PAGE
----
Metro: Last Light and a Brief History of Russia - Flavious50 Blog - www.GameInformer.com
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Metro: Last Light and a Brief History of Russia

 

As the release date of Metro: Last Light approaches, I find it difficult to contain my excitement. As though it were fate, one of my classes this semester is taking a rather deep look at Russia through the Tsarist era to the fall of the Soviet Union. With what I'm learning, I'm finding it easy to make connections to the Metro universe, and I've noticed some recurring themes. I've tried to impart my historical findings to the GI community before, and I hope having the backdrop of Metro: Last Light can allow a certain relevance to this topic.

               To understand history, we have to go back farther and farther, and research in the subject frequently brings you back farther than you ever wanted to go. In an attempt to keep this information relevant, I'm going to walk through some Russian history as briefly as possible.

               In late 1800’s - early 1900s’ the Russian government was dominated by monarchal rulers called Tsars (Pronounced ZARS, the T is silent). At this point, Russia was just gaining its footing in terms of science. Progressive Tsars such as Tsar Nicholas and Alexander allowed scholars from Western Europe into the country to impart their wisdom. With their help, the first Russian universities were established. For a good 20 years, the Russians were playing catch-up with the west, slowly transforming from serfdom with stark contrast between rulers and peasants into a country with intellectuals and a middle class. As Western Europe began to industrialize, so did Russia, which is where ideas of Marxism and central planning took hold.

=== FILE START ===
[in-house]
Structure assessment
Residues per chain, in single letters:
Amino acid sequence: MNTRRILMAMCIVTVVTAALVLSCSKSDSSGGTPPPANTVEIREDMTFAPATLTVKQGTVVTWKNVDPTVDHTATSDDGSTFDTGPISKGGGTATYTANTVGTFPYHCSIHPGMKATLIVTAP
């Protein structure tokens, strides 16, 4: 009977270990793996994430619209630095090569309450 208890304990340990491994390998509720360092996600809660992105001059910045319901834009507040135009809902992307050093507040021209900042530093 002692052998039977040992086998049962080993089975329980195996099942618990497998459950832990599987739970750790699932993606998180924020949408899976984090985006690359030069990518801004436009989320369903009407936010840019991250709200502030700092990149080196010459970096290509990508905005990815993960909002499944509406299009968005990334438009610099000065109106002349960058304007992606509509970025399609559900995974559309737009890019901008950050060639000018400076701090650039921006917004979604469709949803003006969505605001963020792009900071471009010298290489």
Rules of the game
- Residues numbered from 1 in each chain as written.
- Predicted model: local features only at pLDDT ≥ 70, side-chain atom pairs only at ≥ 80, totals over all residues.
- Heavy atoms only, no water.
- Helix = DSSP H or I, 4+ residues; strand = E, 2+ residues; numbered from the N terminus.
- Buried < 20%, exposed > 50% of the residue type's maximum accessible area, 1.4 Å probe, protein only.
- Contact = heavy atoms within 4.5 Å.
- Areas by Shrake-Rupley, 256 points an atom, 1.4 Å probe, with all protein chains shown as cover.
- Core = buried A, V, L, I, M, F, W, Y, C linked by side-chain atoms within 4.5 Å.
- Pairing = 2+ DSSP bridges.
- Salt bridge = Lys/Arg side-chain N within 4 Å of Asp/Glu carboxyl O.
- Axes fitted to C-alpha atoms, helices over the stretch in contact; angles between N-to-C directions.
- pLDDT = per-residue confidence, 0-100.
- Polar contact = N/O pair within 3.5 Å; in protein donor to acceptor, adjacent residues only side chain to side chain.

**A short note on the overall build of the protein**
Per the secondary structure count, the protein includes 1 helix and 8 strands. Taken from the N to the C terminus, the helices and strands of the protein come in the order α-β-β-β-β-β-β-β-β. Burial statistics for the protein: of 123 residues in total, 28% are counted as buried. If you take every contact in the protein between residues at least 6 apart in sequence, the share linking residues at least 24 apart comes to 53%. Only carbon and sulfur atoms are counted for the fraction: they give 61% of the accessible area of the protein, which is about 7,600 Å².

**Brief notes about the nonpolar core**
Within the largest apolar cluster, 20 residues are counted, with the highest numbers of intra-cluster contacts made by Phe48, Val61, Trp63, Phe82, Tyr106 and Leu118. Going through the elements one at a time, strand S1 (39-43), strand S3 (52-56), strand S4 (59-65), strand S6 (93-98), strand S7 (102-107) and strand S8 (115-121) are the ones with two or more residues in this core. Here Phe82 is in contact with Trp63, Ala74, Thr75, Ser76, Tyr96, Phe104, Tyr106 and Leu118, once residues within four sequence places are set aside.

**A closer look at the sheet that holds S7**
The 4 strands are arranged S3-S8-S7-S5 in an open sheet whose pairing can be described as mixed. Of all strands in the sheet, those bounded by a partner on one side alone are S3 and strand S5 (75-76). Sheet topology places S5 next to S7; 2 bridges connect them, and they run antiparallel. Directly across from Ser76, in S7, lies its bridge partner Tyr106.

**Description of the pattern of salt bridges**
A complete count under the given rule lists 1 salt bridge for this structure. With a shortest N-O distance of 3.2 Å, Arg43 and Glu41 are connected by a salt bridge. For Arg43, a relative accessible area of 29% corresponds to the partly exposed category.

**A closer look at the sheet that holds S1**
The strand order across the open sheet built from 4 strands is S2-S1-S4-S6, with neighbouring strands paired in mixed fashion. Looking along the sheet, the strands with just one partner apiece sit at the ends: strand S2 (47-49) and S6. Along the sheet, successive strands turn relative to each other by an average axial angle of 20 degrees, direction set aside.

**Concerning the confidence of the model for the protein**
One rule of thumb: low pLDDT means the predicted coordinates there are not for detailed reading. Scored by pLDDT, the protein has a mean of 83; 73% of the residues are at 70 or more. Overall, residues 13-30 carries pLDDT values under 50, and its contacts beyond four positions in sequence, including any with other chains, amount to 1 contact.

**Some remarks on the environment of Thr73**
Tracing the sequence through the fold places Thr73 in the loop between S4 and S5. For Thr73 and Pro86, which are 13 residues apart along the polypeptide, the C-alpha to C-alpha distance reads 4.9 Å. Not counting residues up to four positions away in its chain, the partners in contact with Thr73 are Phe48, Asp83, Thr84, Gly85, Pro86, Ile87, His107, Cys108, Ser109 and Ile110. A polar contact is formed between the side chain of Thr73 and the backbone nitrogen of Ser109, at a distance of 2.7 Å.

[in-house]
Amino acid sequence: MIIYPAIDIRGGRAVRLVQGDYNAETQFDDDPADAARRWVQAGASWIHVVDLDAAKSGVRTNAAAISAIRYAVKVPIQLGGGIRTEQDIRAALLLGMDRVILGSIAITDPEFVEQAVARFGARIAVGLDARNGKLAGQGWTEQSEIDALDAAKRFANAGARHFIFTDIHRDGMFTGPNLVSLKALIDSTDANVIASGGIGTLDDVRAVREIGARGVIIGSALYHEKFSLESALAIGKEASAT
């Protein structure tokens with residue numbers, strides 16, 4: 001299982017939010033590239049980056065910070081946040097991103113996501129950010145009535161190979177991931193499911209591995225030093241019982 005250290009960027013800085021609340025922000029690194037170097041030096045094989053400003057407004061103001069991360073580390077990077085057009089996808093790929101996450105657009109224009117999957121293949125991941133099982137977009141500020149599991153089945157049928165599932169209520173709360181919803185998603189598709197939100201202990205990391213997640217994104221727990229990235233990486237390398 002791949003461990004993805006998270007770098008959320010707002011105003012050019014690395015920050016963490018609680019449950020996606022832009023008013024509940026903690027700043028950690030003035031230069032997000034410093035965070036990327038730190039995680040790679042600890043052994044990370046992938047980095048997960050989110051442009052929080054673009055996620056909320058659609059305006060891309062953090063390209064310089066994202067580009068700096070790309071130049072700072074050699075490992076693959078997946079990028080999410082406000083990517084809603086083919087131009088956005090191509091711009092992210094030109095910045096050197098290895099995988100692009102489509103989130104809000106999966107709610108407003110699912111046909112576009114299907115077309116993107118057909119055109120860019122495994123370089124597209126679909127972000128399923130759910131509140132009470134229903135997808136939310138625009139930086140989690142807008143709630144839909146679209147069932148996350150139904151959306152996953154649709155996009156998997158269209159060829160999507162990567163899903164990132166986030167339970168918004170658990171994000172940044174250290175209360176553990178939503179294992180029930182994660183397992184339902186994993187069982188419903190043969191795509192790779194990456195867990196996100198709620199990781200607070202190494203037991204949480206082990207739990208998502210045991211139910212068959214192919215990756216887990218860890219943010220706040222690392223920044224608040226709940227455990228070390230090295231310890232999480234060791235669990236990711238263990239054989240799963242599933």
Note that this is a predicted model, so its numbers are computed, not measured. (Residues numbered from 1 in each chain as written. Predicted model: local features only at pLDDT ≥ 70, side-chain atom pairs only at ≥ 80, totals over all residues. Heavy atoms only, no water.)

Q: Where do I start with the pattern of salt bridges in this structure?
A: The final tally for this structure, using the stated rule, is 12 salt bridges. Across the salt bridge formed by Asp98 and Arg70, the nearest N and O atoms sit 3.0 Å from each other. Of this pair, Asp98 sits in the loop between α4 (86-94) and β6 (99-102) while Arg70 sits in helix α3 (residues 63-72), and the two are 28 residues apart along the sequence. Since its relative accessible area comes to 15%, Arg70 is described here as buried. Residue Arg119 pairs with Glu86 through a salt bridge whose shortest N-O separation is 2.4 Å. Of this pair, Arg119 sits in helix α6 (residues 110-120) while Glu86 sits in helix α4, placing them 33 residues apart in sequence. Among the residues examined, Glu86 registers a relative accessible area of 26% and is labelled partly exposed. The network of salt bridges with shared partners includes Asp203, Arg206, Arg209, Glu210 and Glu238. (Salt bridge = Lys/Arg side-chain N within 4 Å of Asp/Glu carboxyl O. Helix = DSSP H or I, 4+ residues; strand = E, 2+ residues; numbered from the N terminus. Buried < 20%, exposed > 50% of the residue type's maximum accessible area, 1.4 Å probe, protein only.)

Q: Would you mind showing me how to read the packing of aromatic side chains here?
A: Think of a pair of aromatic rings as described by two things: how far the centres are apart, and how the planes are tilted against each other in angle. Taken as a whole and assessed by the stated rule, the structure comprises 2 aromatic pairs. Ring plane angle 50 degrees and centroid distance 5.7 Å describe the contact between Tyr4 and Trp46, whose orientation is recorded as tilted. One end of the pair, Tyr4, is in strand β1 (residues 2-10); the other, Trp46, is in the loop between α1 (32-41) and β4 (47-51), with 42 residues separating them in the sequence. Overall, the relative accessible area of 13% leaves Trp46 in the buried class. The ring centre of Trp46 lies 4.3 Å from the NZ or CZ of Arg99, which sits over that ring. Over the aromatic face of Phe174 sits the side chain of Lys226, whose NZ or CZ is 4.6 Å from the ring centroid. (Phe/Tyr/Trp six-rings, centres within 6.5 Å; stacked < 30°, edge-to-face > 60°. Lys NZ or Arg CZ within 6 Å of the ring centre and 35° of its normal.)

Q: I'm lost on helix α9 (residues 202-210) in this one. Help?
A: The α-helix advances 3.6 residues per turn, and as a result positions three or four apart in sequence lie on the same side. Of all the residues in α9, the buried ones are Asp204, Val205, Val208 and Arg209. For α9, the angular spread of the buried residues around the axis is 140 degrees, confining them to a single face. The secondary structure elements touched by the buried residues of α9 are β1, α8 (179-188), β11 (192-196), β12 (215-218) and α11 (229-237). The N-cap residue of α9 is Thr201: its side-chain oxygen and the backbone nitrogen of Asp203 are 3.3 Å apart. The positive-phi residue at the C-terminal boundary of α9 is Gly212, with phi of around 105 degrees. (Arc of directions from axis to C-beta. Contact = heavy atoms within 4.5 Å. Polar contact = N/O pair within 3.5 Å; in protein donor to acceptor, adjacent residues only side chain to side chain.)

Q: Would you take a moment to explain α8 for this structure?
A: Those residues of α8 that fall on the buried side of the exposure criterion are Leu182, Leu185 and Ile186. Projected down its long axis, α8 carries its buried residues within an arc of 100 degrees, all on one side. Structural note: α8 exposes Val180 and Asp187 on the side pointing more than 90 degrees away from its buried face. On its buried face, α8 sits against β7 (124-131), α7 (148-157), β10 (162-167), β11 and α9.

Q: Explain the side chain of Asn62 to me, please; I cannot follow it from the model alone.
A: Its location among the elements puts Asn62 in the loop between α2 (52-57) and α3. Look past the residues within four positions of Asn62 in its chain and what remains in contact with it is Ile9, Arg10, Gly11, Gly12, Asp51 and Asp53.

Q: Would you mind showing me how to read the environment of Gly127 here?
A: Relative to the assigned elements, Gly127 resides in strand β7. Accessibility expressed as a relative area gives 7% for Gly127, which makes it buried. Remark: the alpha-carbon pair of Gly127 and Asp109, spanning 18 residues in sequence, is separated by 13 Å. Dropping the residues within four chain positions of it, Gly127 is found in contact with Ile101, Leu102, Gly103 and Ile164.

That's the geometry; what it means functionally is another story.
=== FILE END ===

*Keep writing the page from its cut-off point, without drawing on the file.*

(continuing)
The Russians had a very different type of industrial revolution than the west. If you’re wondering exactly what “communism” meant for Russia’s technology, you’re about to find out. Starting in the 1920’s, Russia’s planning for the next 50 years began. By using strong central planning (meaning the government planned out and constructed ALL infrastructure), Russia was able to catch up, and even surpass the Western countries within a matter of years. In fact, the pace at which they were able to industrialize both inspired and struck fear into Western countries. Along the way however, around the 1930’s, there was a breakdown within the country as to the direction this central planning should go. One party (The Industrial Party) believed that this industrialization should be localized, and plans should be altered based on location. The other believed in a “one size fits all” plan that allowed less planning time, and more building time.

               At this time, Russia had recently gone through a revolution in which a party called the Bolsheviks had seized power, and put these industrialized plans into the action. For simplicity’s sake, the Bolsheviks represented the communist party. This is where ideology clashed with reason. It would make more sense to spend some extra time planning to make industry more efficient, but Communist ideology pushed the “one size fits all” mentality to the point where the opposition was tried and executed under Stalin in the Industrial Party Trial. By the end of the 1930’s, the Russians no longer believed they needed any collaboration with the West and slowly began to isolate themselves under one ideology. The “Iron Curtain” did not go up instantaneously after World War II, the decisions made here affected the Soviet Union for the next 50 years.

               So before I go on, I want you to know that I haven’t forgotten about Metro: Last Light. In one of the earlier gameplay trailer’s, Artyom makes a reference to the “mistakes of our fathers”. While he may be referencing the nuclear war that devastated the world of Metro, it is important to note that the mistakes of Communist Ideology have been recognized by the Russian leadership, and it’s interesting to see the resurgence of these ideologies in the setting of Metro. I want to make one thing clear: I am attempting to be as unbiased as possible, and historically speaking, the practical application of Communism was a brutal success… at first.